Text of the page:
Reviewed by Colin Jacobson (August 13, 2020)
One of Hollywoodís most famous couples, Spencer Tracy and Katharine Hepburn first paired together for 1942ís Woman of the Year. They quickly followed that with 1942ís Keeper of the Flame, but their third mutual flick waited until 1945 and Without Love.
Due to the war effort, virtually all lodging in Washington DC becomes occupied. Desperate for space to conduct tests on his military inventions, Pat Jamieson (Tracy) locates room in a house owned by Jamie Rowan (Hepburn).
The pair initially dislikes each other. However, as they get better acquainted, a strong friendship blossoms.
Due to past relationships, both Pat and Jamie swear off romantic love, so they decide to get married in a platonic situation. Along the way, they find deeper feelings in spite of their attitudes.
No one who ever saw a romantic comedy can claim to call that last sentence a spoiler. Love offers the stereotypical tale of the couple who initially dislikes each other but connects by the end.
With a movie like this, the possible charm comes from the way the filmmakers tell the story. We can tolerate the predictable nature of this sort of flick as long as it finds something enjoyable and engaging to keep us with it.
For its first act, Love manages to do so, mainly because it remains light and lively. With a screwball tone and amusing moments, the movieís opening segment promises a brisk affair.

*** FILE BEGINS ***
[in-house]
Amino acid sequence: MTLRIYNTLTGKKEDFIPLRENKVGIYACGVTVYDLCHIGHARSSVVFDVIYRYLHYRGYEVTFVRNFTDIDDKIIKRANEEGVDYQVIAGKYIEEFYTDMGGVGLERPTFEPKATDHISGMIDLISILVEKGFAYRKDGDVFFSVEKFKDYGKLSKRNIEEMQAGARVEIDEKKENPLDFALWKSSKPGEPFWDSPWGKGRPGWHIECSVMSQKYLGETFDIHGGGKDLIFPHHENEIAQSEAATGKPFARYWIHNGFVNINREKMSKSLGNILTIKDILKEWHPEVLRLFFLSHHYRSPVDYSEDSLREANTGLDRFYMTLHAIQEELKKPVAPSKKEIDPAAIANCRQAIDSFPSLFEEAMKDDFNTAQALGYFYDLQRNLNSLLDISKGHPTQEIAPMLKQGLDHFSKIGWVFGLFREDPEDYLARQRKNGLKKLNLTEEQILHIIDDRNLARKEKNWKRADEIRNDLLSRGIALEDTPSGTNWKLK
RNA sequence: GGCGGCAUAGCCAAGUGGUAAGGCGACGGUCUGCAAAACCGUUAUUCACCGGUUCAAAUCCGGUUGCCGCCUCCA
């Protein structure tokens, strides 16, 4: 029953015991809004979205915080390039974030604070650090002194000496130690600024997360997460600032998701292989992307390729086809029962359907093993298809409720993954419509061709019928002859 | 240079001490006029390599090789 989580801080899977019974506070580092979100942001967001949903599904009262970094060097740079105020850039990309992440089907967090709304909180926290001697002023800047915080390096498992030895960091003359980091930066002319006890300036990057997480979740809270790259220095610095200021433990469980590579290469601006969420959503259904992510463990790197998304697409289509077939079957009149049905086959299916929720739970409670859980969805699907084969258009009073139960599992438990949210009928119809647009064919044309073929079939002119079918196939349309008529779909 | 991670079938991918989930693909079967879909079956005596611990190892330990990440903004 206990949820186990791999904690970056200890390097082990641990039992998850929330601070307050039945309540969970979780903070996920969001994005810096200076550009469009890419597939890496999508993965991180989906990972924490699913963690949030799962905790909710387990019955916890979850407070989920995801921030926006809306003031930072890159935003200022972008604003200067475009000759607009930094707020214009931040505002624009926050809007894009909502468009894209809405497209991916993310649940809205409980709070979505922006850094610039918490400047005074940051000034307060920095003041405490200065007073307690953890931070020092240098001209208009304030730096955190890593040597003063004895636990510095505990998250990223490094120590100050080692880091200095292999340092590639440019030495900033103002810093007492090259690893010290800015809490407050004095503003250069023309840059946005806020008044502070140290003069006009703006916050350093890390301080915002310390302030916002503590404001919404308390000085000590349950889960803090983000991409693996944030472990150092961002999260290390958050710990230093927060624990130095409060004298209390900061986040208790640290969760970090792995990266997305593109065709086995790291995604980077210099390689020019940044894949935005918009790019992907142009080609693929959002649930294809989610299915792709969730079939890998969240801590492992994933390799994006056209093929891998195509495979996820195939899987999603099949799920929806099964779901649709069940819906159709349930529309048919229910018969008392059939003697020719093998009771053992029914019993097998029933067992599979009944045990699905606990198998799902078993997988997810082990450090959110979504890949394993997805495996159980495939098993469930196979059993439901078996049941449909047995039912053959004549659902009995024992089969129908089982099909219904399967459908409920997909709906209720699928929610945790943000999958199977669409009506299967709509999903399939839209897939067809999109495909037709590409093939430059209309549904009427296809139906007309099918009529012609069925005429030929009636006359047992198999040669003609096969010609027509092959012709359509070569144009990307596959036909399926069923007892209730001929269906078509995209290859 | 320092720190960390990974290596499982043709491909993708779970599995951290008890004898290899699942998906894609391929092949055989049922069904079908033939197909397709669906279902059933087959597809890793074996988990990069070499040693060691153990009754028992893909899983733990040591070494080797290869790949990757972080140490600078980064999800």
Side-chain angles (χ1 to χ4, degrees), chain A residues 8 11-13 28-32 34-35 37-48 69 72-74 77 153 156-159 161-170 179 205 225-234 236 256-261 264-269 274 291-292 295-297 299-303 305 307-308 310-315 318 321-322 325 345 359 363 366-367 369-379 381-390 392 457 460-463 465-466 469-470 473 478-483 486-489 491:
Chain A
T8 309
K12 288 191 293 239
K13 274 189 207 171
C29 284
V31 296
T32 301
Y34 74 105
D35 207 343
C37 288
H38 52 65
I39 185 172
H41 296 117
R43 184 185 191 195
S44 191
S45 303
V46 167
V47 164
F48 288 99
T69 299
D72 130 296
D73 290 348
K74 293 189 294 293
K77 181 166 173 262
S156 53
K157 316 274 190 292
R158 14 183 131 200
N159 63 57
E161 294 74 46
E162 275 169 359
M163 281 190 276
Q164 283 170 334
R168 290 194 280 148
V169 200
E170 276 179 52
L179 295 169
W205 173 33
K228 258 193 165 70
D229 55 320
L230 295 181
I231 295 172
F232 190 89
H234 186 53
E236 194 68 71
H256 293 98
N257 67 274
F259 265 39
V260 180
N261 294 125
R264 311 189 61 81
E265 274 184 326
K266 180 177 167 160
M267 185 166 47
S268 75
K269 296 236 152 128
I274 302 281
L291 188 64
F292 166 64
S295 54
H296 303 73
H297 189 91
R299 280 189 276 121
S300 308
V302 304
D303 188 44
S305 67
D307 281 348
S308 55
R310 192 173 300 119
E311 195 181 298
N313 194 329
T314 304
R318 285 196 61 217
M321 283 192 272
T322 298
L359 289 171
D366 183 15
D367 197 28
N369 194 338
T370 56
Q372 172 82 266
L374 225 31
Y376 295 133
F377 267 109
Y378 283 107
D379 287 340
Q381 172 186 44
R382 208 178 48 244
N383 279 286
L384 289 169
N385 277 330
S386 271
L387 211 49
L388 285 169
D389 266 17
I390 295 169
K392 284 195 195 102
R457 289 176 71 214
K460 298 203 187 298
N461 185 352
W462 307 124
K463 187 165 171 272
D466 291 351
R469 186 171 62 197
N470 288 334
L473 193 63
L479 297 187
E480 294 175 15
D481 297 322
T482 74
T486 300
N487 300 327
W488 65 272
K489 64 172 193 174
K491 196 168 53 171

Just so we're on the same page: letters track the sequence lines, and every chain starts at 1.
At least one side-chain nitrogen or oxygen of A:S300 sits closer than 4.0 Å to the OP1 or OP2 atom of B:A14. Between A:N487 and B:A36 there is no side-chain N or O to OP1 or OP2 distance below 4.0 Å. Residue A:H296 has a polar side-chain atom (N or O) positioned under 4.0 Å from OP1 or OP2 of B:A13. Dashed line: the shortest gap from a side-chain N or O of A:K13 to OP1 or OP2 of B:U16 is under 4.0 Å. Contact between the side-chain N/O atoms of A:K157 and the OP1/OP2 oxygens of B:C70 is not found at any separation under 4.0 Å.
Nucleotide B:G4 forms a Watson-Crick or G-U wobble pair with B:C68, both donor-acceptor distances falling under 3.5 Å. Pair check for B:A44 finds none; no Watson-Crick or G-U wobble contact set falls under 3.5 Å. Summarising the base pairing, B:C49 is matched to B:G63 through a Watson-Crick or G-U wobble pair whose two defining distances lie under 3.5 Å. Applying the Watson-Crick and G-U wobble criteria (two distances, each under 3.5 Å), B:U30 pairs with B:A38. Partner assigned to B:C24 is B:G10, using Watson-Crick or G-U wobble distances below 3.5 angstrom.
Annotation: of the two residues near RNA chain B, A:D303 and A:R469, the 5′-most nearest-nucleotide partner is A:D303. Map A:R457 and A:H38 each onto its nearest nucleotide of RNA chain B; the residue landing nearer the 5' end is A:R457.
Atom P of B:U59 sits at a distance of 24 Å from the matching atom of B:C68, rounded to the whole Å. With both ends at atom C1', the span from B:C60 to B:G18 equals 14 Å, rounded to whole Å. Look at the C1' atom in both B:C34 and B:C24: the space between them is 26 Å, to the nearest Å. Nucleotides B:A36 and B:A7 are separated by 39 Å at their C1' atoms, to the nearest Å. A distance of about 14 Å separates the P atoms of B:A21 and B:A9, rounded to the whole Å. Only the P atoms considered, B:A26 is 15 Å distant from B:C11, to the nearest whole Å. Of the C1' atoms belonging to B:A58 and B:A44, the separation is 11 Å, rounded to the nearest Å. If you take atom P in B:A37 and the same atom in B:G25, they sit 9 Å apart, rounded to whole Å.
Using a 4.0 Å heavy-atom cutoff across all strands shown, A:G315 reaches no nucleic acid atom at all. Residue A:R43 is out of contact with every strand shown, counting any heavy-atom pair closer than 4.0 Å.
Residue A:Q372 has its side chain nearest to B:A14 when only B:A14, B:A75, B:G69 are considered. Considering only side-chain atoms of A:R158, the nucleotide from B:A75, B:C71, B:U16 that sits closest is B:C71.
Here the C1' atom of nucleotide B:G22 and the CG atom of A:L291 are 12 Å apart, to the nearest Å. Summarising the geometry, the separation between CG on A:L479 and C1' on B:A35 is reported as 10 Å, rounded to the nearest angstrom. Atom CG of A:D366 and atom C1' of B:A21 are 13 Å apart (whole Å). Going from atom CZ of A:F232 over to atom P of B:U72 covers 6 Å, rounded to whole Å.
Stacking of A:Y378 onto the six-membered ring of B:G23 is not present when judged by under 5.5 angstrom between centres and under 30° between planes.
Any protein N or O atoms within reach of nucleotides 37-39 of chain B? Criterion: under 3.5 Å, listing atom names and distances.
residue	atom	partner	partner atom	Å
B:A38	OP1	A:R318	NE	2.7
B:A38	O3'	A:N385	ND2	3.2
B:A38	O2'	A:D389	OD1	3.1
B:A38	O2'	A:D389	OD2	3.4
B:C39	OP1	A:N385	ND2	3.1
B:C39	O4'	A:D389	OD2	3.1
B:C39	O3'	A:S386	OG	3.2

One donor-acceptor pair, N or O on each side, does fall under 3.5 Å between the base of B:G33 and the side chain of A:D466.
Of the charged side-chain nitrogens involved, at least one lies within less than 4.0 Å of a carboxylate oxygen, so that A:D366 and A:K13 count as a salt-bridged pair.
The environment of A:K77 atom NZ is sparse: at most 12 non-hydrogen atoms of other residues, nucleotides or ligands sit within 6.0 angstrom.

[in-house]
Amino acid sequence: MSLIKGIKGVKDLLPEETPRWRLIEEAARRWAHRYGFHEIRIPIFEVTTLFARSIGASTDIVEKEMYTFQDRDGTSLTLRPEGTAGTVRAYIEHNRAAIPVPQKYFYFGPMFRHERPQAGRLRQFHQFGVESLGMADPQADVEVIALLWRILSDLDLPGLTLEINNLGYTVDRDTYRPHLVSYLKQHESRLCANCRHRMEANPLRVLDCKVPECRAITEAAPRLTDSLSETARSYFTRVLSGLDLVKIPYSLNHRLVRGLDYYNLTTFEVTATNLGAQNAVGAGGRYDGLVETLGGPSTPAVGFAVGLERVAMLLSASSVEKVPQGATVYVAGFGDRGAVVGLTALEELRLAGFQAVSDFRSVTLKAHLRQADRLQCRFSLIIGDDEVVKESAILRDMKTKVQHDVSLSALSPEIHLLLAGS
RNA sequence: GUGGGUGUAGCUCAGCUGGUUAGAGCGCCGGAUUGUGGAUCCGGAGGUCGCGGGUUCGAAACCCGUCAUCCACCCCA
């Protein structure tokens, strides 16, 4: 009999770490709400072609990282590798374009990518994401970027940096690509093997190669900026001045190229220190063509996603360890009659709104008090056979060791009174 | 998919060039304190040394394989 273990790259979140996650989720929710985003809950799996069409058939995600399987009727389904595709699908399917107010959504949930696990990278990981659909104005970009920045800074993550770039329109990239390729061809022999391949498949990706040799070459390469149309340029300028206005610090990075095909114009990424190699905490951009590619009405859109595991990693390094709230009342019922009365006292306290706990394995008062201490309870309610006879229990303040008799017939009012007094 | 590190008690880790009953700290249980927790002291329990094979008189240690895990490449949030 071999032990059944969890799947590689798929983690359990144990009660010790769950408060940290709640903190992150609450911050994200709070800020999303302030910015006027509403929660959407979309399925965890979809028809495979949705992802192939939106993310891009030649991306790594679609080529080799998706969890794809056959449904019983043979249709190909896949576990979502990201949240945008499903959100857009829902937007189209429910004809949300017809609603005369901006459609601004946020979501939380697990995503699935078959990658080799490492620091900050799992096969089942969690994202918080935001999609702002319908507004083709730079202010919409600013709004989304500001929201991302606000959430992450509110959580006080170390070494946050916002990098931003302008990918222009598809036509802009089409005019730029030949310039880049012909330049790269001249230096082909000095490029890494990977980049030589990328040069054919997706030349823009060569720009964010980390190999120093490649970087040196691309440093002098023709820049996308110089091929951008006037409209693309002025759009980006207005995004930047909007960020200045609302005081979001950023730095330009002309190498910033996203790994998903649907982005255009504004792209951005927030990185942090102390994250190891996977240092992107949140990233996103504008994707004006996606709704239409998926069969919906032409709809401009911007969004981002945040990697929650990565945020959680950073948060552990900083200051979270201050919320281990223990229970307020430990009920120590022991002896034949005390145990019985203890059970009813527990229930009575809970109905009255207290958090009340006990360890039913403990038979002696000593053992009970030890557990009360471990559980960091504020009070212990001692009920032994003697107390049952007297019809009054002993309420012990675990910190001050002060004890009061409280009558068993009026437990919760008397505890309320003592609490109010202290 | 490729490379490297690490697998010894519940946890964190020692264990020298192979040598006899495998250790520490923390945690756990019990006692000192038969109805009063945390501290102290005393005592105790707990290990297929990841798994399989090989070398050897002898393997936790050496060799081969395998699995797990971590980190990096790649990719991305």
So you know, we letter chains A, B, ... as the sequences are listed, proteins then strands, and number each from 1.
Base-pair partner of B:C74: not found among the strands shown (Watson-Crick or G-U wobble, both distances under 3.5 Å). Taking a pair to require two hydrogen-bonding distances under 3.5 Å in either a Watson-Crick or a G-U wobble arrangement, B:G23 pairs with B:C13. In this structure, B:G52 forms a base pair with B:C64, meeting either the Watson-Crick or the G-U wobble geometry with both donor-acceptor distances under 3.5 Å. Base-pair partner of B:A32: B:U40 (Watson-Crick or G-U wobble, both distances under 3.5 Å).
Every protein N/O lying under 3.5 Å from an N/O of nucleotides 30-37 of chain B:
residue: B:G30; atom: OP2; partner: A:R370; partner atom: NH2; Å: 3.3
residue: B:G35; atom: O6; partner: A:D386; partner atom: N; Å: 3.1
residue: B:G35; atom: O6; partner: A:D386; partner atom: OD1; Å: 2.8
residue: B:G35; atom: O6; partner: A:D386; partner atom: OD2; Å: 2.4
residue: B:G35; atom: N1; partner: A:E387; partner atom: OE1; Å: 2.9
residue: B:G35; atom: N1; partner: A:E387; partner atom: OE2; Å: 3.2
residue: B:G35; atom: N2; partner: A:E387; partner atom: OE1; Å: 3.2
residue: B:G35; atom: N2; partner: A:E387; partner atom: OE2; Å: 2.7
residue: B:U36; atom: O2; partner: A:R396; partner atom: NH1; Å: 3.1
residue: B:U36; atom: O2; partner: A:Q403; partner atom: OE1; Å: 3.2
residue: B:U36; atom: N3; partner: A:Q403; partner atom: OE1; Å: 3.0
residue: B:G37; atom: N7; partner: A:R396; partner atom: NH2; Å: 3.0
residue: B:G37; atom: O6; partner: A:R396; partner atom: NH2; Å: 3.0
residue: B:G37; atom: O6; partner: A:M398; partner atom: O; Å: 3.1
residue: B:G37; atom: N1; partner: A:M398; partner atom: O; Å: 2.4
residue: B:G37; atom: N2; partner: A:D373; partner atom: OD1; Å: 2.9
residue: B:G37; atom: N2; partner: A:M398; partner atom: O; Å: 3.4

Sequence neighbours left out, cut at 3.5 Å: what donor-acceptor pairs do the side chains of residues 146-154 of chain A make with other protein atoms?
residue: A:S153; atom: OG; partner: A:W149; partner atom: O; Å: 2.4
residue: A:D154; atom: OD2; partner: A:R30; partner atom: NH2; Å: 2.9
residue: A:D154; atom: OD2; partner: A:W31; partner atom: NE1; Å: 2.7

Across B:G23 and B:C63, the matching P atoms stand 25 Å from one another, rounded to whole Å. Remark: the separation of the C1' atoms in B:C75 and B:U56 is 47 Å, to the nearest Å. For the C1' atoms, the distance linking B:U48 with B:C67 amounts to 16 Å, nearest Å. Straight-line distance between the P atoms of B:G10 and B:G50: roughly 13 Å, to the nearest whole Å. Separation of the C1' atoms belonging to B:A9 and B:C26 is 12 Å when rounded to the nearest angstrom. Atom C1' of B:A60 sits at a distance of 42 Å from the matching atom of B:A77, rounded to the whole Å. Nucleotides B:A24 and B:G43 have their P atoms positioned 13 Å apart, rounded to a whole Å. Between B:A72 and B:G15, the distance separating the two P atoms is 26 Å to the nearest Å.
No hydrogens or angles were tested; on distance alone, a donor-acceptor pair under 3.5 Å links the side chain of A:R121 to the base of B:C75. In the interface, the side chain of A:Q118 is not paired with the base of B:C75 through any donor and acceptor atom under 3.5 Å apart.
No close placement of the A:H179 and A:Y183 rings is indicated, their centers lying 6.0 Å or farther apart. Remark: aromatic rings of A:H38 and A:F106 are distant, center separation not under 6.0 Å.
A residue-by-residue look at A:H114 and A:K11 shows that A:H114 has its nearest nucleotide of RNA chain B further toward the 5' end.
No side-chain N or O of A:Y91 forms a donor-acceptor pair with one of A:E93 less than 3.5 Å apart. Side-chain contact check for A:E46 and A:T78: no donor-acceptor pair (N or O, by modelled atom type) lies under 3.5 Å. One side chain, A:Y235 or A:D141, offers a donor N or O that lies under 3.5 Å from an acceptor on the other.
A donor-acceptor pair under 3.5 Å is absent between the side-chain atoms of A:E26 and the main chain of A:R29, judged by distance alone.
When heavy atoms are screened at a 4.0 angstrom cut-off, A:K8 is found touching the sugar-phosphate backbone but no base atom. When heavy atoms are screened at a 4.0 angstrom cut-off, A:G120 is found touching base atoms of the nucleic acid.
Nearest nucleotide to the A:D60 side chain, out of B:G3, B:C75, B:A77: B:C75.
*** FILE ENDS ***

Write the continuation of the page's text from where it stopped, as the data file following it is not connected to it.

Alas, Love too soon embraces a more maudlin tone, essentially around the time Pat and Jamie tell us their backstories. When we learn why both refuse romance, the film goes down a more morose path and it loses its prior energy.
It doesnít help that 110 minutes seems far too long for a story like this. Love pads that running time with all sorts of unnecessary moments, none of which add to the overall package.
Love occasionally sparks to life when it indulges in the secondary romantic tale of Jamieís cousin Quentin Ladd (Keenan Wynn) and her real estate agent Kitty Trimble (Lucille Ball). Though meant mainly as comic relief, those two show much more spark and personality than do the leads, so we tend to wish Love would focus on them.
Whatever real-life connection they enjoyed, Tracy and Hepburn fail to demonstrate that chemistry here. It doesnít help that the film tries to convince us Jamieís 10 years younger than Hepburnís actual age Ė heck, Iím not sure Hepburn ever looked 28! - but even without that, the leads donít charm the way they should.
Without Love never turns into a bad movie, but it does deliver a sluggish one. Despite Hollywood legends on the screen, it brings us a dull affair.